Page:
Chapel Hill voters approved a $10 million bond for affordable housing in November 2018, but that doesn’t mean that the issue of affordable housing for low-income residents has been solved.
Though local funding has steadily increased since fiscal year 2013, access to affordable housing, in some regards, has worsened. A 2018 Chapel Hill-Carrboro Chamber of Commerce report shows median rental prices in Chapel Hill rising by $127 from the 2007-2011 survey period to the 2012-2016 survey period.
The situation is similar in Carrboro and throughout Orange County.
“There are a lot of different factors, just with trying to find employment, housing costs increasing in the community, people's wages not increasing,” said Loryn Clark, the executive director of Housing and Community for the Town of Chapel Hill. “It varies on the individual."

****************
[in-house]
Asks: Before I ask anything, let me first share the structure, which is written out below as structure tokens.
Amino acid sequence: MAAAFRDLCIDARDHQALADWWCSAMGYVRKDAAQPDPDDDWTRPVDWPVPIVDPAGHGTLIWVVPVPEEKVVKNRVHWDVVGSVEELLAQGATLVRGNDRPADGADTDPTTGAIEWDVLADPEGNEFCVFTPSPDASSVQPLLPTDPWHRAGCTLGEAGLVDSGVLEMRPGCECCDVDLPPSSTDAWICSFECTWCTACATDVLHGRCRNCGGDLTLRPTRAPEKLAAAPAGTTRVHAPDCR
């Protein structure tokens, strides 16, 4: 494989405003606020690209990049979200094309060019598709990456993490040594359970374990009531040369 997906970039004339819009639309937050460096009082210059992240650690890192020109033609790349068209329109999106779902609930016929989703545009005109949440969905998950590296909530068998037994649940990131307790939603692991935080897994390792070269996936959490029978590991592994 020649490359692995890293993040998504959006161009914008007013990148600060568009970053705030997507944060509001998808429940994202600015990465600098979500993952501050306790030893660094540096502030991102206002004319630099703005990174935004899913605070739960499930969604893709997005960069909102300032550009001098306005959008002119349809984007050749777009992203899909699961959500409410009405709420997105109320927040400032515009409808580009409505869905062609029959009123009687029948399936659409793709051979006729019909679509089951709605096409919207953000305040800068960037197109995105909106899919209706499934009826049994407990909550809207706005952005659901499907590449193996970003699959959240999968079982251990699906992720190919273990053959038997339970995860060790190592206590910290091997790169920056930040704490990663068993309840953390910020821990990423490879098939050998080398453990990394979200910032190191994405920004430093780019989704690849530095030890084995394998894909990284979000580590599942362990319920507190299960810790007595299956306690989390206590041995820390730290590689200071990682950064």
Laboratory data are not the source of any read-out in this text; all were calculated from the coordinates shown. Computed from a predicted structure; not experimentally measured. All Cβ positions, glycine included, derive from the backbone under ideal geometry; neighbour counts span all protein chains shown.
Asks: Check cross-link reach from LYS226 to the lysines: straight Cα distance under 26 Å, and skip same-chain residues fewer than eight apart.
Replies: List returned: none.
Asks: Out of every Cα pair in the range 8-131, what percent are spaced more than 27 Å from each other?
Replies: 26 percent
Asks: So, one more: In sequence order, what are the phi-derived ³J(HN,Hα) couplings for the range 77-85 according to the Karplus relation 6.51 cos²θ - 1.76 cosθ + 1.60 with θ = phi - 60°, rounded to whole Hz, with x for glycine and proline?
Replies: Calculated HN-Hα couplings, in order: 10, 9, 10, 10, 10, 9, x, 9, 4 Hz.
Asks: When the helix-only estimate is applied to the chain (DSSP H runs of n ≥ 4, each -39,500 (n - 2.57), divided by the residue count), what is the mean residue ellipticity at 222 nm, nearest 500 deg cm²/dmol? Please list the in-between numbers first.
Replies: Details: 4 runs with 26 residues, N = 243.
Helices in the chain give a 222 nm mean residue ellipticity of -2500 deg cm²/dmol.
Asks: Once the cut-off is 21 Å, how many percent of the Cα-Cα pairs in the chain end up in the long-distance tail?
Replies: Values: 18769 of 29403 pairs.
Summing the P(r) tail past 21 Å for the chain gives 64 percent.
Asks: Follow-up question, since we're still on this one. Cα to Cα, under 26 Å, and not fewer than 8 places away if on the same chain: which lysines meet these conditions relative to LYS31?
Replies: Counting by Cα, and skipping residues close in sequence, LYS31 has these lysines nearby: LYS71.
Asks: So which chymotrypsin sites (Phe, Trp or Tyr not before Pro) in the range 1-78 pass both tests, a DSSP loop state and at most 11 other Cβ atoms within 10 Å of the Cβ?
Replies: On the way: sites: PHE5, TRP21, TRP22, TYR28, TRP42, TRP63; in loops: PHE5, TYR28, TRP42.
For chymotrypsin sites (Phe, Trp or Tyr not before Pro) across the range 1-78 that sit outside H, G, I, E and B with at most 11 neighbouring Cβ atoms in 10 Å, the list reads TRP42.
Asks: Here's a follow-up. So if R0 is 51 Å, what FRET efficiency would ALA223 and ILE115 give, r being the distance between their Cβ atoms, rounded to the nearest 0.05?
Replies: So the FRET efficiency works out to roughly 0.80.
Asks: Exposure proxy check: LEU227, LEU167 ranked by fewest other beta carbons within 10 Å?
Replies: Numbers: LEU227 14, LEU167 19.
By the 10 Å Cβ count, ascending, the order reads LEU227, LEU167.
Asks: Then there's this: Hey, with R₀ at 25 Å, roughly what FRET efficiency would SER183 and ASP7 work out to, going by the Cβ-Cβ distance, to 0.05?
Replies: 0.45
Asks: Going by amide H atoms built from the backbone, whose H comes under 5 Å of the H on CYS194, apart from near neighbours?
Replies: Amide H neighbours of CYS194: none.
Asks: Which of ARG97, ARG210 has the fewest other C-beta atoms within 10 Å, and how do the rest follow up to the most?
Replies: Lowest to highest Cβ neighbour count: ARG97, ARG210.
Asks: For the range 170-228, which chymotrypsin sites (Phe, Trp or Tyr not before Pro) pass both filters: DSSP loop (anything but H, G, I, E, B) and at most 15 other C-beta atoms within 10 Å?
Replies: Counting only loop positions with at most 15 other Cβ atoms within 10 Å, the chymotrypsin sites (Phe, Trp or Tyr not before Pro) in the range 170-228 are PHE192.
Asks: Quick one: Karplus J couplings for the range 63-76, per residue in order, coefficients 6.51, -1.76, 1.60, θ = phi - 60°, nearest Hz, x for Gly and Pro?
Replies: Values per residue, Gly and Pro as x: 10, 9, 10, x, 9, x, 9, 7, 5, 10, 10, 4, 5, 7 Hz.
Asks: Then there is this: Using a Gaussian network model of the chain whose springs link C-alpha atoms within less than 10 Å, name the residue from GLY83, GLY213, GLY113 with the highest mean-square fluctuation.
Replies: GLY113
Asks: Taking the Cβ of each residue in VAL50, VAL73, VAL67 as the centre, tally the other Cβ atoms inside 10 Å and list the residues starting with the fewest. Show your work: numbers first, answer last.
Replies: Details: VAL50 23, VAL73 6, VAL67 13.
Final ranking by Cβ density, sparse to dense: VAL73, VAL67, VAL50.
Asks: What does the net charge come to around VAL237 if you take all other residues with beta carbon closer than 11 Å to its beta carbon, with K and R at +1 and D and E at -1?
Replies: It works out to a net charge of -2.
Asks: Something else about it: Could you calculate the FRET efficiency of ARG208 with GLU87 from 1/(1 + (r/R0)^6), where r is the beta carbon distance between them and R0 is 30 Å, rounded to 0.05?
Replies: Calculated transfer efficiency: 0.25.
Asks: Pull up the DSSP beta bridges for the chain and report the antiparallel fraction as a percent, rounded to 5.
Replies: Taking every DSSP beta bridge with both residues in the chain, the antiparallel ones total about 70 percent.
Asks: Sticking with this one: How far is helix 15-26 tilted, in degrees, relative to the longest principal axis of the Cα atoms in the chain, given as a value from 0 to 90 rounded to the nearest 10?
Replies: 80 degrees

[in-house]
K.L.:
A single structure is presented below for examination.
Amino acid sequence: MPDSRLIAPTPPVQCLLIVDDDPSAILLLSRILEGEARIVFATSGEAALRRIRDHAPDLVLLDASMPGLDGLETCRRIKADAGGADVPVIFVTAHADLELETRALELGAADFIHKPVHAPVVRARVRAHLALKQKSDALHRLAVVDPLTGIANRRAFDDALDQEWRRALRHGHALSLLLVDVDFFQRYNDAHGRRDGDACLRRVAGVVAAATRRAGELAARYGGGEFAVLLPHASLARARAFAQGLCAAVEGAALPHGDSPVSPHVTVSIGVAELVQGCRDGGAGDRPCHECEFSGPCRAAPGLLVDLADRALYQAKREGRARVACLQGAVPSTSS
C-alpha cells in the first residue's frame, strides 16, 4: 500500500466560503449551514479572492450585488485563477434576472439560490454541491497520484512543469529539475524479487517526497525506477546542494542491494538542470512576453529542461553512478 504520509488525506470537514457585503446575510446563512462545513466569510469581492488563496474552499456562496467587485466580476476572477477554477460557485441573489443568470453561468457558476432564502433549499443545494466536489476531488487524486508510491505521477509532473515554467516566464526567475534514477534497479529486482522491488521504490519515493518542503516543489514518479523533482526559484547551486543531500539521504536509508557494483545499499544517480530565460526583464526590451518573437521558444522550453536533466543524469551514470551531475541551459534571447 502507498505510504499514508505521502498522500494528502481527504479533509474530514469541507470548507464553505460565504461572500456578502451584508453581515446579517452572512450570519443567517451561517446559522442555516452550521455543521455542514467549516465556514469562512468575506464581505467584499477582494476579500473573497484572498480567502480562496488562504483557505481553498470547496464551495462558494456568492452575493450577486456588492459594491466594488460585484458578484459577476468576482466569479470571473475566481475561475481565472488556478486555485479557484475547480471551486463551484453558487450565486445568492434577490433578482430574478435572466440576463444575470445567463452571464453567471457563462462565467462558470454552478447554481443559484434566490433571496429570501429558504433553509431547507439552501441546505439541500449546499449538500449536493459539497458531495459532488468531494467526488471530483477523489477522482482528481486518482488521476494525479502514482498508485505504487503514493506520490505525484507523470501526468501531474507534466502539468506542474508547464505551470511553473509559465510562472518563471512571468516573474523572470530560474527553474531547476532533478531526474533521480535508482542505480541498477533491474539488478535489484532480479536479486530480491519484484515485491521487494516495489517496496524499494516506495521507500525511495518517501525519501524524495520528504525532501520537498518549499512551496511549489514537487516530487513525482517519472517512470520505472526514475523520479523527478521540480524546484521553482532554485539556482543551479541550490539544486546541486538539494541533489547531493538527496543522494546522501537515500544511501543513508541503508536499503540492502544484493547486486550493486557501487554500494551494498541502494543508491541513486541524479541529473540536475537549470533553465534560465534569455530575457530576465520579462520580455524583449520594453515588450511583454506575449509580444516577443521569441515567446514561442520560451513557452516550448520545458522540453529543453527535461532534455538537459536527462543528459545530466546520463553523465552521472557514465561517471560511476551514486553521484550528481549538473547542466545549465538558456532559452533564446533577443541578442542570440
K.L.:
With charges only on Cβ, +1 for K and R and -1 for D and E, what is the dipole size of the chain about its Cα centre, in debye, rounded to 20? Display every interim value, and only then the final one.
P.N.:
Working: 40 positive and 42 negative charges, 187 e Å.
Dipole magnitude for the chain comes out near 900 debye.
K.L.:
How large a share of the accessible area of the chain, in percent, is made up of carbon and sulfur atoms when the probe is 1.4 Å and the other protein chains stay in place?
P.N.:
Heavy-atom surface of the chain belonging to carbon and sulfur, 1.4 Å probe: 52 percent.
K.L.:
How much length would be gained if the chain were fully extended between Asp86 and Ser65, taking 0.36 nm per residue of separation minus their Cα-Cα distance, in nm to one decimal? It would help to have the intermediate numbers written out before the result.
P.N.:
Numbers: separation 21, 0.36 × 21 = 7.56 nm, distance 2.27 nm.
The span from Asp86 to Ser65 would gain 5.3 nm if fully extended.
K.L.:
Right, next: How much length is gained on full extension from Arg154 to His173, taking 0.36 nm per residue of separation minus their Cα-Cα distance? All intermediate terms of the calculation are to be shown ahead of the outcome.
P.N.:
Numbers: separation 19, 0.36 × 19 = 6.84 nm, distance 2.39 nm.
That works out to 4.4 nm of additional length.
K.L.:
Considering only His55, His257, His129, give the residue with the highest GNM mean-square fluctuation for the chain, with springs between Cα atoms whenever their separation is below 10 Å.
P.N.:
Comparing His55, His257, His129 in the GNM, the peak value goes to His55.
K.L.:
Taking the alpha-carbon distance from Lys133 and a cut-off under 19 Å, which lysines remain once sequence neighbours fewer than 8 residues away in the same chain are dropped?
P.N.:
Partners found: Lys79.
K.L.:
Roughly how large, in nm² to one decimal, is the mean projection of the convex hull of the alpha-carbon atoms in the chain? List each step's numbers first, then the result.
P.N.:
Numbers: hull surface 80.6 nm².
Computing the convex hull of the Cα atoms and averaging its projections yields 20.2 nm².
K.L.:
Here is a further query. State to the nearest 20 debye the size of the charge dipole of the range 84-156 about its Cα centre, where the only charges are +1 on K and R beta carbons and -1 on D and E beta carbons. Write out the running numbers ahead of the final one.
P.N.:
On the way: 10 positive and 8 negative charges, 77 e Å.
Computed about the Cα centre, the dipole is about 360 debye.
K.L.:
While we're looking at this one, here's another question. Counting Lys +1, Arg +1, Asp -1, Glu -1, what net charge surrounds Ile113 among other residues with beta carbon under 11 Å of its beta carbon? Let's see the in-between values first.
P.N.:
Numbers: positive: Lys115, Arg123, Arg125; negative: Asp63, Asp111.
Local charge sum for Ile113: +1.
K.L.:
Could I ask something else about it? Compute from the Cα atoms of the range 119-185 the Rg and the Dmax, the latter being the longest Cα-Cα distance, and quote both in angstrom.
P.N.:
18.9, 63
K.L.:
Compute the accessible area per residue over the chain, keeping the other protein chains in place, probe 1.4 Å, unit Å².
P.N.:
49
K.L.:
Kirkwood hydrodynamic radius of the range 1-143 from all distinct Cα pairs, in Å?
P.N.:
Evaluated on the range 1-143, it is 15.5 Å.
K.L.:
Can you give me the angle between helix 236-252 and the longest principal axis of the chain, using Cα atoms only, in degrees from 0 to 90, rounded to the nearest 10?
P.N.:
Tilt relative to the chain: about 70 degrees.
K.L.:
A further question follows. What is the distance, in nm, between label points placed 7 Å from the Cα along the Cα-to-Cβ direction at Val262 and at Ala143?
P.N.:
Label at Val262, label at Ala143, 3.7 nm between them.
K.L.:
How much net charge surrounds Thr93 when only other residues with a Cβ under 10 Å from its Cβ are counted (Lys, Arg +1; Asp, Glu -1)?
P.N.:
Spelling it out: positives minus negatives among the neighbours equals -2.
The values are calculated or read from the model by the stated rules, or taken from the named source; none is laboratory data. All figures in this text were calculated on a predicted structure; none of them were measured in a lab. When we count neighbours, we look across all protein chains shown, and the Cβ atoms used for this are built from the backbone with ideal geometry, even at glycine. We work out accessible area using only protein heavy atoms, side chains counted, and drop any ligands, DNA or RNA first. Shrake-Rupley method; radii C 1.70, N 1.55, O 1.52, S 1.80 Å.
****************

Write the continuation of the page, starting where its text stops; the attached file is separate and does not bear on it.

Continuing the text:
Affordable rental housing is a particular need in Chapel Hill. According to Chapel Hill’s first affordable housing report of 2019, 54 percent of renters spend over 30 percent of their income on housing. An area's median income, or AMI, is an important indicator of need, and those earning between zero and 60 percent of the AMI make up the vast majority of the recipients of affordable housing.
“We have no places to put the individuals in the 30 percent AMI category,” said Joan Guilkey, head of civic engagement for the Chapel Hill Alliance for a Livable Town. “It's far from adequate. There's just not nearly enough of it.”
The Town completed 149 rental units at Greenfield Place Apartments two years ago and seeks to develop another 130 units at 2200 Homestead Road. The Town also has several more projects underway, including roof replacements and land acquisition.
The time scale of these projects has been a point of contention.
“We try with the monies that are there, but we tend to do it very slowly, and there's no committed effort to comprehensively address the problem,” Guilkey said.